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Author Topic: WAS on 10 Meters  (Read 1469 times)
KC0IUW
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Posts: 8




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« on: December 18, 2001, 05:05:39 AM »

During this weekends contest I heard a number of people claiming they had WAS.  In the two contests I have done on this band I have had huge coverage gaps in the 100 - 500 or so mile range.  I am using a GAP Titan antenna and running 100 watts.  What are these people doing differently that allows them to contact the intermediate distance states?  More power?  Different antenna setup?  Any hints and suggestions would be appreciated.
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K4OJ
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Posts: 4




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« Reply #1 on: December 18, 2001, 07:45:32 AM »

A variety of antennas always helps...a mix of CQing plus Search & Pounce operation is a must for catching them all.

As the band is closing is a good time to look for locals...less activity on the band makes it easier to work those marginal low level signals.

I got WAS but missed DC!


73,

Jim, K4OJ
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N2MG
Administrator

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« Reply #2 on: December 18, 2001, 09:22:00 AM »

The 10meter contest is a great place to finish off that 10m WAS.  Everyone wants to work you - so calling that guy in the next state, even though you are both puny weak can work out.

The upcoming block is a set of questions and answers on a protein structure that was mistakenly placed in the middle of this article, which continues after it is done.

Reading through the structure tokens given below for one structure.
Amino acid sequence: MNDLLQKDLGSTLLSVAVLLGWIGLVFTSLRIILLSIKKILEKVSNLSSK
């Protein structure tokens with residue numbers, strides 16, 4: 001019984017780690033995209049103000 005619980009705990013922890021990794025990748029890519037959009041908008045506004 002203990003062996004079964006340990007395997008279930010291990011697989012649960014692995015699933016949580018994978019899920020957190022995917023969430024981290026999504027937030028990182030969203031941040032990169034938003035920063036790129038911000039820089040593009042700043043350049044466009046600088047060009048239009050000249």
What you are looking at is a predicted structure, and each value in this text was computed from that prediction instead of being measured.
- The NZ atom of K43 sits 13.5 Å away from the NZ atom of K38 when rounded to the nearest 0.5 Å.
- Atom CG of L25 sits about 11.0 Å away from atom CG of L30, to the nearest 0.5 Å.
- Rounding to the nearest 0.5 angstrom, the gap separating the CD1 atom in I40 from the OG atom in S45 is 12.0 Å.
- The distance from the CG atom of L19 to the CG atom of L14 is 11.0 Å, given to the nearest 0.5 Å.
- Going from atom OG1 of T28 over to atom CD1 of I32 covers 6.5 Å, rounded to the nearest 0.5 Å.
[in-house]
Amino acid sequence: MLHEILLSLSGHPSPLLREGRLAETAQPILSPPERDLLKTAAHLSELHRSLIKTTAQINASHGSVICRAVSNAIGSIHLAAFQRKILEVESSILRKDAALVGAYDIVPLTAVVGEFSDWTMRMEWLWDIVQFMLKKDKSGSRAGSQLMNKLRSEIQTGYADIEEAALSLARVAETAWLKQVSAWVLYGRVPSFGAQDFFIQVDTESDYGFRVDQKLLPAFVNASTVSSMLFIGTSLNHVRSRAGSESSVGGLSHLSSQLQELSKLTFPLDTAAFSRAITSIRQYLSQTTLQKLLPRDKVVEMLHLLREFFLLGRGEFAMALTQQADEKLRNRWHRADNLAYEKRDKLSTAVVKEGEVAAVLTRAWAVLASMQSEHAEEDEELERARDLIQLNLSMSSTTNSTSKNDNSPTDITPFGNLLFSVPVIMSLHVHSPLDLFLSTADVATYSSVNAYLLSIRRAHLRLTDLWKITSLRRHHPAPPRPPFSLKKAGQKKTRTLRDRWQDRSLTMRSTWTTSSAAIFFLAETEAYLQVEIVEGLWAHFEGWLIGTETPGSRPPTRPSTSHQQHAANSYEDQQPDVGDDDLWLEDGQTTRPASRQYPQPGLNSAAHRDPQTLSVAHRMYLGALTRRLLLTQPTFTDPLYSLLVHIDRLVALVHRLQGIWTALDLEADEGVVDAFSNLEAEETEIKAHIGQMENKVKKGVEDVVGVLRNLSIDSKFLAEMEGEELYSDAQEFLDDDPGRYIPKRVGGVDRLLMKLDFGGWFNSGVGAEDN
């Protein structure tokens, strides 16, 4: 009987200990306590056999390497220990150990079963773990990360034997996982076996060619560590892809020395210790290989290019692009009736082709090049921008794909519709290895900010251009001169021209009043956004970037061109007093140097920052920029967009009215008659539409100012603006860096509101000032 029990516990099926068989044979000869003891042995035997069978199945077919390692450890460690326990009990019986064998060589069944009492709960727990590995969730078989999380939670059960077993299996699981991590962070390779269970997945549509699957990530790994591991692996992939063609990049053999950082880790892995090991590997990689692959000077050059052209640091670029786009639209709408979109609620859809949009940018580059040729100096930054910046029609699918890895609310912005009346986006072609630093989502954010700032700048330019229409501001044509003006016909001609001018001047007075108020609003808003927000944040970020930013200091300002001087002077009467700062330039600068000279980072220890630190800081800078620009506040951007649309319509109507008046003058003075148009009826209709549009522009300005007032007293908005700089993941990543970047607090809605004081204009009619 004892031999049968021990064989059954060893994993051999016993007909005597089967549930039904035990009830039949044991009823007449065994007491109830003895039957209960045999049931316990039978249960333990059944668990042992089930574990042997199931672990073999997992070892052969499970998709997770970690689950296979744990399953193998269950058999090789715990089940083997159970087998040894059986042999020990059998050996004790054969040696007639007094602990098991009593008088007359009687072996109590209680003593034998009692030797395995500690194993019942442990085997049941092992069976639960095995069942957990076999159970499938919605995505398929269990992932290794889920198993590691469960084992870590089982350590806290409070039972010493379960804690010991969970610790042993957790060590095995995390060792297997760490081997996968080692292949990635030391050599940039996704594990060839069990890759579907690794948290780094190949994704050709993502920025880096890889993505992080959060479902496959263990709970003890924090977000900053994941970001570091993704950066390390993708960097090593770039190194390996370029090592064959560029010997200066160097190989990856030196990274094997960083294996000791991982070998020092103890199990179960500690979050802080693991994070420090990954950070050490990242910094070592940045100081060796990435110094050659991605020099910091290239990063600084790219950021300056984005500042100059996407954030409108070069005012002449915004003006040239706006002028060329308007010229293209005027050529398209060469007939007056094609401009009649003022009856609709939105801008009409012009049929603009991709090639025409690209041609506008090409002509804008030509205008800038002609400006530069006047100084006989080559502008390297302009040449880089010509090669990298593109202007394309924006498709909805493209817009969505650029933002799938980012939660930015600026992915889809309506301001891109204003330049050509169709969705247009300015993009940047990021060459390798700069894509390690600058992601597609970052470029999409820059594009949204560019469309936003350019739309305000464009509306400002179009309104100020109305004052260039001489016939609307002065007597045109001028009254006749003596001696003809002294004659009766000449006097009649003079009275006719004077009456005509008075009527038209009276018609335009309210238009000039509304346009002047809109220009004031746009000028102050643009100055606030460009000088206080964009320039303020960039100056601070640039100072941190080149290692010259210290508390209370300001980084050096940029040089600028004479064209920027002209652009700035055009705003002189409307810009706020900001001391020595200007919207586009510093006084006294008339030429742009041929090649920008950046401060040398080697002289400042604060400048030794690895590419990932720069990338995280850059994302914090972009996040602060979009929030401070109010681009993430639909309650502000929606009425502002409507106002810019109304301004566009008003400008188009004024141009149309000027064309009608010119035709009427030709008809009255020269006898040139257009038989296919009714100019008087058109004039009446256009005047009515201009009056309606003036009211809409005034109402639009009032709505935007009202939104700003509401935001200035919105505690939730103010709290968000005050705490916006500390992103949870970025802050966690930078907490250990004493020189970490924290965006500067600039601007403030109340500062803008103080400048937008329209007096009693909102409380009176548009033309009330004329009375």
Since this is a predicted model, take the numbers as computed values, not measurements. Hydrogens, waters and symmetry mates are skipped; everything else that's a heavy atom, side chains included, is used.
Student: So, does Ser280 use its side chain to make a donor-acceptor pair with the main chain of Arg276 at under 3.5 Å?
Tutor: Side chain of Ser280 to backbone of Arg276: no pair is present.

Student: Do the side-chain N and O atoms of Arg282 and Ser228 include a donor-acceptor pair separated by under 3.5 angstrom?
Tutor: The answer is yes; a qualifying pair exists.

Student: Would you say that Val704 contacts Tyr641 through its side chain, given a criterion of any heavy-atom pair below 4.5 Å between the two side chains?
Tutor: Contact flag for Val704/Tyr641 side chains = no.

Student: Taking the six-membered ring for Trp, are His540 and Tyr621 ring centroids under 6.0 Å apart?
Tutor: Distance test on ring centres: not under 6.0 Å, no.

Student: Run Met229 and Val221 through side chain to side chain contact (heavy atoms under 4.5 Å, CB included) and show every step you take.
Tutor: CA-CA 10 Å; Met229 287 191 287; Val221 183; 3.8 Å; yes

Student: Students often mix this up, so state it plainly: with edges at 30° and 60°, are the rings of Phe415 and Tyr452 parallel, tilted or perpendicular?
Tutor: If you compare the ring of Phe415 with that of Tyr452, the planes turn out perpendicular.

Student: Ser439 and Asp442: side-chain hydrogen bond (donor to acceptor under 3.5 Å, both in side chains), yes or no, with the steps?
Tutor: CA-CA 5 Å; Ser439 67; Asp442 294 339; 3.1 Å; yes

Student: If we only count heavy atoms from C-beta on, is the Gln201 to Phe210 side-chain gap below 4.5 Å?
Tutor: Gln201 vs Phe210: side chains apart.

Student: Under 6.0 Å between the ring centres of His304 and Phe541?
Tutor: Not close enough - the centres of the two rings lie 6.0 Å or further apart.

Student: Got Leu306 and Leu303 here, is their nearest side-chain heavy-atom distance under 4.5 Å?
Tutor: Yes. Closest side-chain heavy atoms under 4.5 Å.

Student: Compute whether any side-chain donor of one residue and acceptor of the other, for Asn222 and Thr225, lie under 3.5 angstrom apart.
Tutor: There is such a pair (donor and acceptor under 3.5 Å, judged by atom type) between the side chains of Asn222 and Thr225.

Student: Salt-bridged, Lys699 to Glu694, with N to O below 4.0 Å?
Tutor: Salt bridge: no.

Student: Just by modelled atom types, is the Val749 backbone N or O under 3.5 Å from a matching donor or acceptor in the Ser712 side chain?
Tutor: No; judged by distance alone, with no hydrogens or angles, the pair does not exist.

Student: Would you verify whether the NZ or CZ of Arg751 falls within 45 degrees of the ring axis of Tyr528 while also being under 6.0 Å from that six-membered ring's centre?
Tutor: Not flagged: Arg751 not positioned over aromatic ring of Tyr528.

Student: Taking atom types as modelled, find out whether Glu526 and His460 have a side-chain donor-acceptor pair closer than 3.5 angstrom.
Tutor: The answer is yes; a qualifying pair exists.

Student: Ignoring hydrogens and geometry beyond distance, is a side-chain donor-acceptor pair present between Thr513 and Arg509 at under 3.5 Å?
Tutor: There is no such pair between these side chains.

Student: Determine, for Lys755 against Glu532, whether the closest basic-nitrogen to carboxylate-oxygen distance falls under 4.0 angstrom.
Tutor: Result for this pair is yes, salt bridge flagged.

Certainly more power helps...but different antennas (high and low beams), learning to work backscatter, and as 'OJ says, be on the band as it's closing.
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WB2WIK
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Posts: 20666




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« Reply #3 on: December 18, 2001, 09:36:59 AM »

It is true that with a vertical you can miss a lot.

This past weekend, in 4-3/4 hours of operating (2 hours Saturday afternoon, 45 mins Sun morning, 2 hours Sunday afternoon) I made 468 QSOs in 60 ARRL sections and 55 DX entities, obviously averaging 98.5 QSOs per hour.  Not exactly a record, but great fun.

I have a 6 element beam at 51' and a roof-mounted vertical, with a lot of radials, so it's more like a ground plane. I switched between them, a lot. Sigs 5000-10000 miles nearly always stronger on the beam.  Sigs 1000-5000 miles: Toss up, sometimes the vertical wins.  Sigs 50-500 miles: The beam totally blows away the vertical, no comparison.

I worked about all the California sections, half of which are 350-800 miles away, during the brief time I had to operate the contest, using the beam.  Mode was likely tropospheric forward scatter, a common propagation on 10 meters (as well as VHF-UHF), which has considerable path loss over such distances but is quite workable. It also occurs whether the band is "open" or "closed," it doesn't really matter, since the ionosphere isn't involved. The beam makes it happen, the vertical just doesn't.

If a beam is not an option for you, try a horizontal dipole, or a loop antenna, to supplement the vertical.

73 de Steve, WB2WIK/6
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K0RS